Are you currently looking to purchase a kettlebell?
Are you trying to find a bell at the lowest possible price AND the best
possible quality?
In this article, Ill reveal the REAL TRUTH about buying a kettlebell and
answer these common kettlebell purchase questions.
See, when I started casually training with kettlebells about five years ago, I
didnt have a clue of what kettlebell brand was the best. My first kettlebell
purchase was quite embarassingly a plastic-coated bell from the local
super store. The bell was way too light I had no idea of what size I
needed and figured Id just start with a small one because it was cheap
and after a few months of heavy use, the plastic actually started to wear
off and the handle started to chip. Bad first purchase but live and learn

(I also didnt know what the heck I was doing in terms of training techique,
but thats a story for another day )
The next set of KBs I picked up were significantly better in quality. Ive had
this set for the last five years, still train with them today, and theyre
perfectly fine for basic kettlebell use.
Then, at the June 09 RKC, I trained with a Dragon Door bell for the first
time and could immediately tell the difference. I still remember doing
the 100 rep snatch test and thinking gosh, this is a little easier than doing
this with the bells I have back home
The DD bells are balanced better, have a much smoother handle, and have
a great quality feel. HOWEVER they are a bit more costly that a lot of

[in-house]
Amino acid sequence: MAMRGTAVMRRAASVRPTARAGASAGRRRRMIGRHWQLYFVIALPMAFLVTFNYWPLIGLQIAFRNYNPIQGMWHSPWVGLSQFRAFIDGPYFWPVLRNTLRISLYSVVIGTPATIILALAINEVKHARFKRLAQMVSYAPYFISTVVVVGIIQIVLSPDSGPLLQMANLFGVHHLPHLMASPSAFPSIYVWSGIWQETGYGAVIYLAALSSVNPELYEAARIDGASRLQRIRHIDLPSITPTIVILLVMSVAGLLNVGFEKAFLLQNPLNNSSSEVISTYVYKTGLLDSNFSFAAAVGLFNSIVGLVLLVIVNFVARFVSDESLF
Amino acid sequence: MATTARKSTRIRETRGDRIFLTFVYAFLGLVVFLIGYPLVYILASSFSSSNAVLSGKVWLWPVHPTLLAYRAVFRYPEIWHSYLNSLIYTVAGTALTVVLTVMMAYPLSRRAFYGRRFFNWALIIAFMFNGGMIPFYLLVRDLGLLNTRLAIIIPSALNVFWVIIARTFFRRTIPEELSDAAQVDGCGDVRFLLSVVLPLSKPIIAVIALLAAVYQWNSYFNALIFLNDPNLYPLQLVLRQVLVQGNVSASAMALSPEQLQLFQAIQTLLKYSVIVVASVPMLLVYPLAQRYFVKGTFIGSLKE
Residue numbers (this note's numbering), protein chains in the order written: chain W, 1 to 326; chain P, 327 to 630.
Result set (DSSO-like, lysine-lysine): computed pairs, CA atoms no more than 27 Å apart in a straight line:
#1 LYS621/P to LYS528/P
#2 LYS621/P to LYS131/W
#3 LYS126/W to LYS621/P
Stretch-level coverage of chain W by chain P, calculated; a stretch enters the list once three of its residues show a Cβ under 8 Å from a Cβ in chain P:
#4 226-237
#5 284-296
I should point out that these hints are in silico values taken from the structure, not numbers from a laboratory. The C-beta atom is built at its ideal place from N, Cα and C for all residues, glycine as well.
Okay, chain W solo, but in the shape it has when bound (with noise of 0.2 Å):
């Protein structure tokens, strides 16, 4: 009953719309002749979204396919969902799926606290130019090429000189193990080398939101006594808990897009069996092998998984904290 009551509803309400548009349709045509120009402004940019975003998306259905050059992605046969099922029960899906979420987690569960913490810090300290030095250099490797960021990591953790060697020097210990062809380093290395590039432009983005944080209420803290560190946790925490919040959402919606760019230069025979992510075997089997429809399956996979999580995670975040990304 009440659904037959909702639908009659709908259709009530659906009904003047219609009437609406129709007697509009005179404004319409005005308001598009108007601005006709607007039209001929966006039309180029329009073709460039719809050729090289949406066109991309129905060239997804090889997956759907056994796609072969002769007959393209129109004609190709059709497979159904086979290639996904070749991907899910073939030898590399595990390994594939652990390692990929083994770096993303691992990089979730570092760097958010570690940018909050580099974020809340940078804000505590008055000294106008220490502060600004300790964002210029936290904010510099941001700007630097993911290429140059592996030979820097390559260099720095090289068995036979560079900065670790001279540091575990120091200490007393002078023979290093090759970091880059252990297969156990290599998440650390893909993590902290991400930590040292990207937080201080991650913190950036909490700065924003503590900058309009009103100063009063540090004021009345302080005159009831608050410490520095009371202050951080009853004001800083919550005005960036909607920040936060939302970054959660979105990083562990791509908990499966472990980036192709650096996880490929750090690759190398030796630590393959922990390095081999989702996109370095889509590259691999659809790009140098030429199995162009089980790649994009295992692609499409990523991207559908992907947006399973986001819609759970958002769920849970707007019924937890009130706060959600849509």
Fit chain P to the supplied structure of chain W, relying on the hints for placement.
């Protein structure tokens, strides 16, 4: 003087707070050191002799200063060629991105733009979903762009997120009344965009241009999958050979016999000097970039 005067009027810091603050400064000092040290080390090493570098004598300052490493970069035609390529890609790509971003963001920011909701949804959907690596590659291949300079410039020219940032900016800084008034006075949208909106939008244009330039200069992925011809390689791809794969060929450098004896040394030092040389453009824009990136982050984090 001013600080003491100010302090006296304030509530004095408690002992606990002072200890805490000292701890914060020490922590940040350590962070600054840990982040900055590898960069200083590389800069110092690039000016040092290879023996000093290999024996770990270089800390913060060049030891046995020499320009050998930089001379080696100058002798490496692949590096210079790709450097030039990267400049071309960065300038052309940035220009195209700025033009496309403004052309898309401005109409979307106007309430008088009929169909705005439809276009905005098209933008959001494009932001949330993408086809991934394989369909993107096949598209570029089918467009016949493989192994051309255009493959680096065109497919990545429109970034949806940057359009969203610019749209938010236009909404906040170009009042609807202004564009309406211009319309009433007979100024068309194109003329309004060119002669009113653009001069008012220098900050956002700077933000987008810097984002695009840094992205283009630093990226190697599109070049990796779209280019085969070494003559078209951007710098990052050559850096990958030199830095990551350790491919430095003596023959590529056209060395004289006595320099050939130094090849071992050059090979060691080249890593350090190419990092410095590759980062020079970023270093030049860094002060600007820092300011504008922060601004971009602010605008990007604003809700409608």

other brands out there and whether you really need to invest in them
depends on your ultimate training goals

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Heres the real truth about buying a kettlebell: if youre just doing some
basic two hand swings and TGUs, and you wont be using your bell more
than two or three times per week, then you can probably get away with a
basic brand and save a few bucks. On the other hand, if youre going to be
doing more intermediate-to-advanced moves like cleans and snatches
and if youre going to be using your bell more frequently you may want
to consider going with a high quality KB brand like Dragon Door.
I AM an RKC instructor. Im probably biased I have no problem letting
you know this. And there are lots of kettlebell brands out there I havent
used. But my main point of this article is that training with quality
kettlebells is important if youre going to be serious about it whatever
brand you ultimately choose. And I can vouch first hand for the fact that
Dragon Door bells are an excellent, reliable, proven, and 365-daysatisfaction-guaranteed(!) choice.
Find out more about Dragon Door kettlebells by clicking the link below:
=== >> Dragon Door KBs

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You may hate traditional cardio, but that doesn't mean you can't train your
heart, build superhuman conditioning levels, and have fun doing it. This
Extreme Kettlebell Cardio Conditioning program is just what you need to do
all of the above!
I wish you the best of luck and look forward to hearing your success story!
Forest Vance, Master of Science in Human Movement and Level II
Certified Russian Kettlebell Instructor

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Additional Resources Info about Forest's gym, websites, books and
DVDs, membership site, workshops, apparel, and much more. All about kettlebell training! Weekly
updates with new kettlebell videos and workouts all the time. Forest's membership site where you can
get all of his workout and diet products at a killer discount.